Standard & Poor’s Rating Services announced that it has affirmed its “BBB” counterparty credit and senior unsecured debt ratings and ‘A-2’ commercial paper ratings on Marsh & McLennan Cos. (MMC) and removed the ratings from CreditWatch where they had been placed Oct. 15, 2004. The rating outlook is negative.
“The ratings were removed from CreditWatch because of recent favorable developments,” said S&P. These included: “the nationwide structuring of settlement with the New York State attorney general and Superintendent of the New York State Insurance; fourth-quarter 2004 results being consistent with our expectations; and our view that management, in addition to being appropriately focused on employee and client retention, is proactively addressing industry change through the implementation of a new business model.”
The rating agency added that “the reduction in the common stock dividend and its positive effect on MMC’s compliance with the covenants on the $1.3 billion term loan facility and $1.7 billion revolving credit facility also support the rating action.”
However, S&P noted: “There remains the potential for significant adverse developments and resultant effect on MMC’s ability to comply with the covenants, particularly in 2005. These uncertainties include significant concerns surrounding employee and client retention, material execution risk due to the adopting of the current infrastructure to the new business model, and the potential for ongoing regulatory investigations to hamper MMC’s competitive position.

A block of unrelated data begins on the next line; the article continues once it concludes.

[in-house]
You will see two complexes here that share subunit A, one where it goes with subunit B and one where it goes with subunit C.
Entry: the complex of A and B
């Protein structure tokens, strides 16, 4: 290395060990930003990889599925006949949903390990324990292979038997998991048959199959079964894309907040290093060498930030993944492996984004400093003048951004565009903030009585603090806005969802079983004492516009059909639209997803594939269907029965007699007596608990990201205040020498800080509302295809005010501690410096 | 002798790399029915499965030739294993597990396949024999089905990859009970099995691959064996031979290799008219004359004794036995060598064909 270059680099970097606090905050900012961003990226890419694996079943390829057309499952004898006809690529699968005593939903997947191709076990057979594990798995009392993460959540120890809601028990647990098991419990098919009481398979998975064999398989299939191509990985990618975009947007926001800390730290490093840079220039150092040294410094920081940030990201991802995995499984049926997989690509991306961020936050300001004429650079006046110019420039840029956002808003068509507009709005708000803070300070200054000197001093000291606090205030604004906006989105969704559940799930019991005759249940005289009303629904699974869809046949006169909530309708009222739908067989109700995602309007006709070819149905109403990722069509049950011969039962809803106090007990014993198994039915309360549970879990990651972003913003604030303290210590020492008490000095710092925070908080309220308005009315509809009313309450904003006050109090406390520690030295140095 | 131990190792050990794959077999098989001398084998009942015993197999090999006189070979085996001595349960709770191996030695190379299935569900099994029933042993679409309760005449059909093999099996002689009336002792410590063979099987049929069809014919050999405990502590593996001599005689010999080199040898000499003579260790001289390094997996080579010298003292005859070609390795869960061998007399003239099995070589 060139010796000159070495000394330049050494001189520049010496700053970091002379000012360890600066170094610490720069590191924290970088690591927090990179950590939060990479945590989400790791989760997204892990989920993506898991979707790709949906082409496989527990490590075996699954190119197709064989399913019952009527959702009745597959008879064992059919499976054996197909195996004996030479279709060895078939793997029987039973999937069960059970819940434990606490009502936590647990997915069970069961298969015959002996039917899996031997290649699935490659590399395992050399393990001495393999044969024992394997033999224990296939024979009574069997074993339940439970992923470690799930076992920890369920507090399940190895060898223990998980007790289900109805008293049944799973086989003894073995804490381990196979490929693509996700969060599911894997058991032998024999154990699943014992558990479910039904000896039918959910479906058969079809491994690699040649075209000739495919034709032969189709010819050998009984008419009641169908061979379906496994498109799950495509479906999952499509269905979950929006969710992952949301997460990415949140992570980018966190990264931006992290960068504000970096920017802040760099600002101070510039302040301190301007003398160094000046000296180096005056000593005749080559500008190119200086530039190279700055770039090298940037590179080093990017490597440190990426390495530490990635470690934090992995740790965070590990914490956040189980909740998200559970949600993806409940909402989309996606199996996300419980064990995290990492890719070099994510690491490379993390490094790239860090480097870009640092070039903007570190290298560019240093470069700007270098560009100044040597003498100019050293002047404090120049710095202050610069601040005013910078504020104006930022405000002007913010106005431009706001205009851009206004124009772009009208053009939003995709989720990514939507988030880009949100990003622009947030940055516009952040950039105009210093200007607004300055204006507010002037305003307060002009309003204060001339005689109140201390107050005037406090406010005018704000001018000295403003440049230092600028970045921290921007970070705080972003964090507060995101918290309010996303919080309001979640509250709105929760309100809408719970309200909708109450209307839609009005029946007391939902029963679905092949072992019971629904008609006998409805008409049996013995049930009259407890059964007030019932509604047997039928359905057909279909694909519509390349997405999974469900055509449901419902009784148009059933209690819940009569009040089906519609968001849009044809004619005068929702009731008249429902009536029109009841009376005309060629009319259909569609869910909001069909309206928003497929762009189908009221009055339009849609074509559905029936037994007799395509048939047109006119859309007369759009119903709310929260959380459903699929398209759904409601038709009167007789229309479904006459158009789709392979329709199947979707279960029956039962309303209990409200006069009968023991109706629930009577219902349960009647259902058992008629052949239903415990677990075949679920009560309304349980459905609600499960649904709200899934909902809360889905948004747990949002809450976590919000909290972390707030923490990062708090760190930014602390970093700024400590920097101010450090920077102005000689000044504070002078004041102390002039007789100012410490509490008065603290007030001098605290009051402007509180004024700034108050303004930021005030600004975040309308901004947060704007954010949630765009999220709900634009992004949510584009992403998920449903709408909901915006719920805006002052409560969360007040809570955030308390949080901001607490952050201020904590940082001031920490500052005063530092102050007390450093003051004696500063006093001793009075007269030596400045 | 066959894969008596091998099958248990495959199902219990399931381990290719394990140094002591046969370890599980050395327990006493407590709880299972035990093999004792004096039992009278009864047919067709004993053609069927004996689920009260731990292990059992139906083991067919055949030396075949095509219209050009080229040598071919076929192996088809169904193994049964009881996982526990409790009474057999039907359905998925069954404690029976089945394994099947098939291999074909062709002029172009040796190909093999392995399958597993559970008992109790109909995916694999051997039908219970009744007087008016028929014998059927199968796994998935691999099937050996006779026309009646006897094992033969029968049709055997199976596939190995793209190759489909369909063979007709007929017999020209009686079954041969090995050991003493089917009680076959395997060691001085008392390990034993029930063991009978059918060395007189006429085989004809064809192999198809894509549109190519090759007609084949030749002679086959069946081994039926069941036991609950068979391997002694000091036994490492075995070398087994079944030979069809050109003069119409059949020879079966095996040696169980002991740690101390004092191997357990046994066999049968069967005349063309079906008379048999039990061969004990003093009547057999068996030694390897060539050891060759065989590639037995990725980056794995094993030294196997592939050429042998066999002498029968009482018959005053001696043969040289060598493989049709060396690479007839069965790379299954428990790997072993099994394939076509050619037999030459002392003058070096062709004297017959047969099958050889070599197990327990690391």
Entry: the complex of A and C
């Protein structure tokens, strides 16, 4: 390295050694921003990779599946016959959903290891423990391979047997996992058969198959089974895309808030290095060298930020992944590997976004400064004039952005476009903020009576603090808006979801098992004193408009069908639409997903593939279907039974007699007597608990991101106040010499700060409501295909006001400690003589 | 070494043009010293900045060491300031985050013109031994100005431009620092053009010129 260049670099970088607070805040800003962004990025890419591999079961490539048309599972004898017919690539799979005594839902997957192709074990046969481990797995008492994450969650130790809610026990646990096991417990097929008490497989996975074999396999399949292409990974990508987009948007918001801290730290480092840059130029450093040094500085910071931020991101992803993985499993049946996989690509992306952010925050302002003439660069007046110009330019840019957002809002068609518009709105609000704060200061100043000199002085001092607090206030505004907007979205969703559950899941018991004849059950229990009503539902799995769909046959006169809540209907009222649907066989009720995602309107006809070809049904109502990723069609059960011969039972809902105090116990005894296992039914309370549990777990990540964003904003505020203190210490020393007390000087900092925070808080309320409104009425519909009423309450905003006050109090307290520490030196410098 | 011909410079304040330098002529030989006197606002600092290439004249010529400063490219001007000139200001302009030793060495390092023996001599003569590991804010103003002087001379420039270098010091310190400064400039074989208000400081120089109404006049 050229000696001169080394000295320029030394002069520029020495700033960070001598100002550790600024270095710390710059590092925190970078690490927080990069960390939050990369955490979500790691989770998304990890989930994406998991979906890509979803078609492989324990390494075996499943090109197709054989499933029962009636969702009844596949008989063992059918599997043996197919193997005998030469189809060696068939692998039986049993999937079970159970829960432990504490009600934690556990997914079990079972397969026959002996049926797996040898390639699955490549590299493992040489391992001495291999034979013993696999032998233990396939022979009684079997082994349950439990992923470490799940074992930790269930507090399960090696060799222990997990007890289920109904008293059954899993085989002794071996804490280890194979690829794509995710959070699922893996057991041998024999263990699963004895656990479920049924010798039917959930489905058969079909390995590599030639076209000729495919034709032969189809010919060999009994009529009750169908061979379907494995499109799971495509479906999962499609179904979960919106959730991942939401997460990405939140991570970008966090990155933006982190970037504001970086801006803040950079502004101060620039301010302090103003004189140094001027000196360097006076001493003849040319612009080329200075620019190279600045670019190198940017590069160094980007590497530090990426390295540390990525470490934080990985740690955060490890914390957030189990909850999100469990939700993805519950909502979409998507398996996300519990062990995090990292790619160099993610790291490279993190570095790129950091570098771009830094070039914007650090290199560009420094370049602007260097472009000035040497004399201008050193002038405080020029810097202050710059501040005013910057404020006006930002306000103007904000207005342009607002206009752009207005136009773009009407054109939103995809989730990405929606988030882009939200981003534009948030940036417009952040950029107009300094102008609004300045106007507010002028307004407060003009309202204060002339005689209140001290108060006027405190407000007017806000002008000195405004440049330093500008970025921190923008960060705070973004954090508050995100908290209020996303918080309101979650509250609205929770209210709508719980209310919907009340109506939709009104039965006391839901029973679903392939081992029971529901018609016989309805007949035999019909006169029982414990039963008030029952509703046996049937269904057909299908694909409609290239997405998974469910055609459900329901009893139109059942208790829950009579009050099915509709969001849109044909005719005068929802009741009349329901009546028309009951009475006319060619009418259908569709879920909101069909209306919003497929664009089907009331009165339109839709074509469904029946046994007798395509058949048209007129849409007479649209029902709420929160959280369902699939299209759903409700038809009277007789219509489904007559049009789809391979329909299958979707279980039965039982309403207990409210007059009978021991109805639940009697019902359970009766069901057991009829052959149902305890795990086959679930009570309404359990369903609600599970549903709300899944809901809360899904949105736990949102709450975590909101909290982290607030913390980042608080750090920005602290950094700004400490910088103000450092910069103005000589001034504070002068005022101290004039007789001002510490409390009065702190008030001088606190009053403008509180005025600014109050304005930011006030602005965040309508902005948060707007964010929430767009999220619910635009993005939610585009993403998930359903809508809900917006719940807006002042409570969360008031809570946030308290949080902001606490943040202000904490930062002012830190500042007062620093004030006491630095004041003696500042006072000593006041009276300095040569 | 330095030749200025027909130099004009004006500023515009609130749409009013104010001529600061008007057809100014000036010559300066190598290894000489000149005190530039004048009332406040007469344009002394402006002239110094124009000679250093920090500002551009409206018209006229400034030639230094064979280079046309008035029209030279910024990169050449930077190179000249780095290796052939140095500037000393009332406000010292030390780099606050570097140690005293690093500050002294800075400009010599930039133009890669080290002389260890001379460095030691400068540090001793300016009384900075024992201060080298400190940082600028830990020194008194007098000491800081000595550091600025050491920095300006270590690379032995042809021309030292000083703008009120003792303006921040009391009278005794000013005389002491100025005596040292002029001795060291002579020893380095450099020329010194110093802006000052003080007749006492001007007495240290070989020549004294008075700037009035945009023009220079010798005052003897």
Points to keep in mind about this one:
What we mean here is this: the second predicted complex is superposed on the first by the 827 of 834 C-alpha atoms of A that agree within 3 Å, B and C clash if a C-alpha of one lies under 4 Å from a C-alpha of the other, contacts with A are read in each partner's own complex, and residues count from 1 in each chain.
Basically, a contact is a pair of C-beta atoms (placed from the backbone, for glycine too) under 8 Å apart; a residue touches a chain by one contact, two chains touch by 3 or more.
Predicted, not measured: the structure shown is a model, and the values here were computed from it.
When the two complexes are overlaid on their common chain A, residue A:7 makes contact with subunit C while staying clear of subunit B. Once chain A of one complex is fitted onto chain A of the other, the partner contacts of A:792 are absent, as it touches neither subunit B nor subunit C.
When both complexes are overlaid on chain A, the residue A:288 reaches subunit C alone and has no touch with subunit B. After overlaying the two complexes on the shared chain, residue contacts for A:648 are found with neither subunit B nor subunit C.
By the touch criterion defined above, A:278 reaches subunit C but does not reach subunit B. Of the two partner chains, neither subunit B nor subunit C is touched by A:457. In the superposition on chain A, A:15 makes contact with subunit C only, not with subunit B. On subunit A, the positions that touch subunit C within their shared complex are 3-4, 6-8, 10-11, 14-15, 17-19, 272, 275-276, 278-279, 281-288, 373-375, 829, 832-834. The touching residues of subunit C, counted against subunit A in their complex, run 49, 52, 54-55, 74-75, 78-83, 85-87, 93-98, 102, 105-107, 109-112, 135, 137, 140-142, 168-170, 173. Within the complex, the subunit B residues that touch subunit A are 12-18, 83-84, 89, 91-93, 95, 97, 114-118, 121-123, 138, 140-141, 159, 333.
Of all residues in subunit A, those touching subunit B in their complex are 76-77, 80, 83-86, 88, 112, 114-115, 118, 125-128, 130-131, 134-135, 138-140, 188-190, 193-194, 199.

“The current ratings, in addition to reflecting the diversity of operating earnings, incorporate Standard & Poor’s expectation that although pretax income might continue to be affected by nonrecurring events, MMC’s operating profile will enable it to remain in compliance with the covenant terms of the credit facilities.
“The ratings also reflect diminished cashflow and earnings resulting from a modest strain (up to 5 percent brokerage revenue) resulting from client loss, in addition to the adverse revenue impact from the termination of contingent commissions.”
S&P indicated that it expects the “positive financial effects resulting from the implementation of the new business model will be readily apparent by the latter half of 2005.”
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